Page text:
Partnering to counter ISIS in Africa

People in hazmat suits and fatigues dusting bottle for fingerprints (State Dept.)
Participants dust for latent fingerprints during a U.S. Department of State Bureau of Counterterrorism NATO battlefield-evidence course for partners from North Africa and the Middle East in 2022 at the NATO Stability Policing Centre of Excellence. (State Dept.)

ISIS has made significant inroads into Africa. An 84-member coalition committed to countering ISIS globally is working to deter further advances on the African continent by ISIS affiliates.

The Global Coalition to Defeat ISIS will hold its annual ministerial in Marrakesh, Morocco, on May 11 to address the growing threat from ISIS in Africa and continue its efforts to combat the threat in Iraq and Syria, as well as Afghanistan.

The ministerial in Morocco is the coalition’s first held in an African country. Coalition members will meet in a smaller group known as the Africa Focus Group on May 10 to specifically collaborate on countering ISIS in Africa before the larger ministerial the next day.

“The goal is to enhance and improve the counterterrorism capabilities of the African members of the coalition,” said Douglas Hoyt, the State Department’s acting deputy special envoy for the Global Coalition to Defeat ISIS.

Members will review existing efforts to counter ISIS in Africa, identify gaps and share information. “We don’t want to duplicate efforts but rather reinforce them,” Hoyt said.

Disturbing trend

U.N. Secretary-General António Guterres has called ISIS expansion into Africa “alarming.” According to the U.S. Department of State, deaths from ISIS attacks nearly doubled in West Africa from 2017 to 2020, from 2,700 to 5,000. ISIS-Mozambique was responsible for an estimated 1,500 deaths that year.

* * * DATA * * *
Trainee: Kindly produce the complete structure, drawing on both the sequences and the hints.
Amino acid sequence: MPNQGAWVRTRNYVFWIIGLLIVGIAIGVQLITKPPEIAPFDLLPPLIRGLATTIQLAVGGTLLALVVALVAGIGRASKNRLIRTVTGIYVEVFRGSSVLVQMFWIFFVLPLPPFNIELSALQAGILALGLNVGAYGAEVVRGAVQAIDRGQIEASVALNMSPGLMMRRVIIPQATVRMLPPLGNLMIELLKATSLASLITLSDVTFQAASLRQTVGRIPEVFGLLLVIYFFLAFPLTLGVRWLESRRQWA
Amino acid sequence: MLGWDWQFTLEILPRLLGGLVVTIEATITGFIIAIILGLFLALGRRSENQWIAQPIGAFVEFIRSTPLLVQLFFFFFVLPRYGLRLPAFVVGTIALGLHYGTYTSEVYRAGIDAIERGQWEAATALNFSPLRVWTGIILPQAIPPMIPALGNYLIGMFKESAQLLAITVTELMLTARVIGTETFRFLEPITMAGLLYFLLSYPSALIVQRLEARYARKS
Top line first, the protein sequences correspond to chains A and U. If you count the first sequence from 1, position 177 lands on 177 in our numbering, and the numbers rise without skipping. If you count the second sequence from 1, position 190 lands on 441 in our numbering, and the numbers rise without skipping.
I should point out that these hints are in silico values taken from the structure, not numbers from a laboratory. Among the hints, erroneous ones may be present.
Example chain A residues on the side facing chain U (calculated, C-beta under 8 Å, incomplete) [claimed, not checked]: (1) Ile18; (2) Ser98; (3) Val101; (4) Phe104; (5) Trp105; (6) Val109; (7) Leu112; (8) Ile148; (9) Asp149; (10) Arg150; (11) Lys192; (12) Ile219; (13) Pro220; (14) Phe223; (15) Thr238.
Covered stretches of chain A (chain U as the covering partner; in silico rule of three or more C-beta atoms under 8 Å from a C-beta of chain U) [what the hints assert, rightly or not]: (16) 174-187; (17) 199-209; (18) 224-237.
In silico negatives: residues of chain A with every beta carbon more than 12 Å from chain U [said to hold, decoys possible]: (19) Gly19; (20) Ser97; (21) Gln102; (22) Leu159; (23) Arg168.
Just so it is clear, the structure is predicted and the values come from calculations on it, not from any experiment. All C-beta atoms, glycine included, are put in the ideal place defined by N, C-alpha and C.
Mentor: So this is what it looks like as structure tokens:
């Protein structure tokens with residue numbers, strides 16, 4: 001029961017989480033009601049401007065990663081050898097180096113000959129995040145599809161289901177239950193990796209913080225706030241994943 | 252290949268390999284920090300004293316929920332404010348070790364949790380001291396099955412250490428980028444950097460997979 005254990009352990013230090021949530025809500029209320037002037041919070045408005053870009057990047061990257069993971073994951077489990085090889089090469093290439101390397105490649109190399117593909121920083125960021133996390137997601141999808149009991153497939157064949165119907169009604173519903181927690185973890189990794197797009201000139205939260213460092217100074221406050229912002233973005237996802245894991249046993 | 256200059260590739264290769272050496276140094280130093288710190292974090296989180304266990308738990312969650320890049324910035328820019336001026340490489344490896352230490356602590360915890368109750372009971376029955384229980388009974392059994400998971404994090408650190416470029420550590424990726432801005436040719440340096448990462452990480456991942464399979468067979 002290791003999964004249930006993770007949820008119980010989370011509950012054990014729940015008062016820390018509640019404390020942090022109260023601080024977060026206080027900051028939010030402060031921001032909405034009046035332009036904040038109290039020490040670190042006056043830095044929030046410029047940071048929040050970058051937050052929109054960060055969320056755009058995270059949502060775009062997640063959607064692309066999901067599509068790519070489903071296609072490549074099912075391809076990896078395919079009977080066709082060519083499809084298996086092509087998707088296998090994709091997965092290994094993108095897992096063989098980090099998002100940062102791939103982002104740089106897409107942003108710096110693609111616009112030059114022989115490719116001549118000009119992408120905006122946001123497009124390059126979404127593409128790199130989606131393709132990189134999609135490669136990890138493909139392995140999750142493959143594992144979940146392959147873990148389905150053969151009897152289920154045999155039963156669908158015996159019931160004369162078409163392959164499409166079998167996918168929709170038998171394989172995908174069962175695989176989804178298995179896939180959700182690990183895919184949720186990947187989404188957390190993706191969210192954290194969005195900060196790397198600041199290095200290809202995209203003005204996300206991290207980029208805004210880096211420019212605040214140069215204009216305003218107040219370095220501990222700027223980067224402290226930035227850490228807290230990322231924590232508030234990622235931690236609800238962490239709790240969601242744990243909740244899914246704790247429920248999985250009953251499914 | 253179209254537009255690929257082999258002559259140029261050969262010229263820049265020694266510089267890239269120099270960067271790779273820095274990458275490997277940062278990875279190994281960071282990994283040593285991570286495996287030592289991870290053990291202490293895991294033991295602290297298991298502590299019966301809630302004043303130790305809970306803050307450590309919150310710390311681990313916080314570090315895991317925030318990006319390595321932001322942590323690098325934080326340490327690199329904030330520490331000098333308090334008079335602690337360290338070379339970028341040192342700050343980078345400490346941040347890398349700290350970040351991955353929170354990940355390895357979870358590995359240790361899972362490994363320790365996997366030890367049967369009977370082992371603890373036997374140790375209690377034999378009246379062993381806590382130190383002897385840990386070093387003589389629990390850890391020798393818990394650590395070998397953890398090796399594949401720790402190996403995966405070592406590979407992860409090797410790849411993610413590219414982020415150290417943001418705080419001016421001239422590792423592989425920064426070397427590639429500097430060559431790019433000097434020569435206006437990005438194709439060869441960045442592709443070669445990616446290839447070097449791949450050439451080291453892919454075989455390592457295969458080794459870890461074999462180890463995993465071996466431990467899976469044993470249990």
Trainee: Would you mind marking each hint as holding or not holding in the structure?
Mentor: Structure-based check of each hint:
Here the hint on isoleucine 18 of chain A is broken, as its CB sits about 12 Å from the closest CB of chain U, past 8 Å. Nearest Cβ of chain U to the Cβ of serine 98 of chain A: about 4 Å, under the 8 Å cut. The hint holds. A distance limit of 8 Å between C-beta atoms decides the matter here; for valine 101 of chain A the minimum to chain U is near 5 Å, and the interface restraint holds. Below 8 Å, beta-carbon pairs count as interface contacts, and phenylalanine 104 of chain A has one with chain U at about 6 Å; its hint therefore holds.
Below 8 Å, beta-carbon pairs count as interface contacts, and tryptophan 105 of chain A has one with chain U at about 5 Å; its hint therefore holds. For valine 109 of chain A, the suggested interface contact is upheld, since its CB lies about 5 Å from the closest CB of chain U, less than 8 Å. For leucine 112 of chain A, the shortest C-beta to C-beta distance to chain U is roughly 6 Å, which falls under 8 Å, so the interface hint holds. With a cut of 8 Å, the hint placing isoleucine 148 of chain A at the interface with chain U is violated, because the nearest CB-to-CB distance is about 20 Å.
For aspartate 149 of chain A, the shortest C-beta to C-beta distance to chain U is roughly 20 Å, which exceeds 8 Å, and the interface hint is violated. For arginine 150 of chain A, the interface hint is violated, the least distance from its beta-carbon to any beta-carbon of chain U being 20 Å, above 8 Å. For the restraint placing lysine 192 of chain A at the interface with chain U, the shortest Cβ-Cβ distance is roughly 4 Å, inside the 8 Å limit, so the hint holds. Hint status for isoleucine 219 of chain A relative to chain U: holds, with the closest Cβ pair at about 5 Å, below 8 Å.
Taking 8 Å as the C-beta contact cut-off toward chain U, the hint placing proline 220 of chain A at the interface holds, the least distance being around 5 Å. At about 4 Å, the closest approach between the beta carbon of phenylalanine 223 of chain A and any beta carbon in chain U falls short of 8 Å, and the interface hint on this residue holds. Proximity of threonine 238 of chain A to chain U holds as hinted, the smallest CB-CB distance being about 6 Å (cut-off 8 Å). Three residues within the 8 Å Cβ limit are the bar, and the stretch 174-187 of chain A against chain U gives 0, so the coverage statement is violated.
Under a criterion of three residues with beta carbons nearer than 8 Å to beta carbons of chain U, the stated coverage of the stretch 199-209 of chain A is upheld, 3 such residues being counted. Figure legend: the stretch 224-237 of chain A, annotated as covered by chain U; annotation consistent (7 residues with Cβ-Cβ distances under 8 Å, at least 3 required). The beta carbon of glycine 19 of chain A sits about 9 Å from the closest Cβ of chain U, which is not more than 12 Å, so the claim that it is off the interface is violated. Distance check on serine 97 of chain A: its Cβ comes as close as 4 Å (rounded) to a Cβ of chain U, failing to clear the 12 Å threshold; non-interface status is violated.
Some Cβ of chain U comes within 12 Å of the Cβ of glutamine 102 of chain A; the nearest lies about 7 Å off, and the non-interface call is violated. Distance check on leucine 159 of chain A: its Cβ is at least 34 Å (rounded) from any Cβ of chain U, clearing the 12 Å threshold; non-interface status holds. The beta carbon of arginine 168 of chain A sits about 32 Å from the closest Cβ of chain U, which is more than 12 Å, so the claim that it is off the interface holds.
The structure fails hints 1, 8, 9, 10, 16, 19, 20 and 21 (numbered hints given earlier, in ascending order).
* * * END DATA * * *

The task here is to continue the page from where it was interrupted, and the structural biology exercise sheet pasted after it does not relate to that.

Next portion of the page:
ISIS funds its operations through schemes that threaten the local population, such as theft, extortion and kidnapping for ransom. The extremist group is best able to cross borders and make inroads in regions where government control is limited.

To tackle the problem, the coalition launched the Africa Focus Group in December, with Morocco and Niger taking leadership roles along with Italy and the United States.

People checking cargo at rear of truck (© INTERPOL)
Kenyan authorities carry out cargo checks at a border crossing in 2021. (© INTERPOL)

The group aims to:

  • Help African partners strengthen border security and increase fingerprinting and DNA sampling to track and identify ISIS fighters.
  • Increase African nations’ ability to process battlefield evidence, improving chances for prosecutions after attacks. 
  • Ensure African partners have the capability to collect and store travel data, compile biometrics and maintain a watchlist of ISIS fighters.

Progress made

Some efforts are already underway. Early this year, the NATO Stability Policing Centre of Excellence convened law enforcement from the Middle East and North Africa, including Algeria, Morocco and Tunisia, to train in processing battlefield evidence for terrorism cases.

INTERPOL, a coalition member, conducted Operation Simba III in April 2021, across Kenya, Tanzania and Uganda. Conducted with African partners, Simba included 4.6 million border checks against INTERPOL databases, netting 700 hits for lost or stolen travel documents and identifying suspects wanted for terrorism, drug-trafficking and murder. Authorities in Uganda seized 25 kilograms of ammonium nitrate and other materials used for making explosives.

Some 100 law enforcement agencies trained on INTERPOL tools, prior to the 10-day operation.

“Through its policing tools and services, INTERPOL is determined to help countries in regions such as East Africa address their specific security threats and help build a safer environment,” INTERPOL Counter-Terrorism Director Gregory Hinds said after the operation.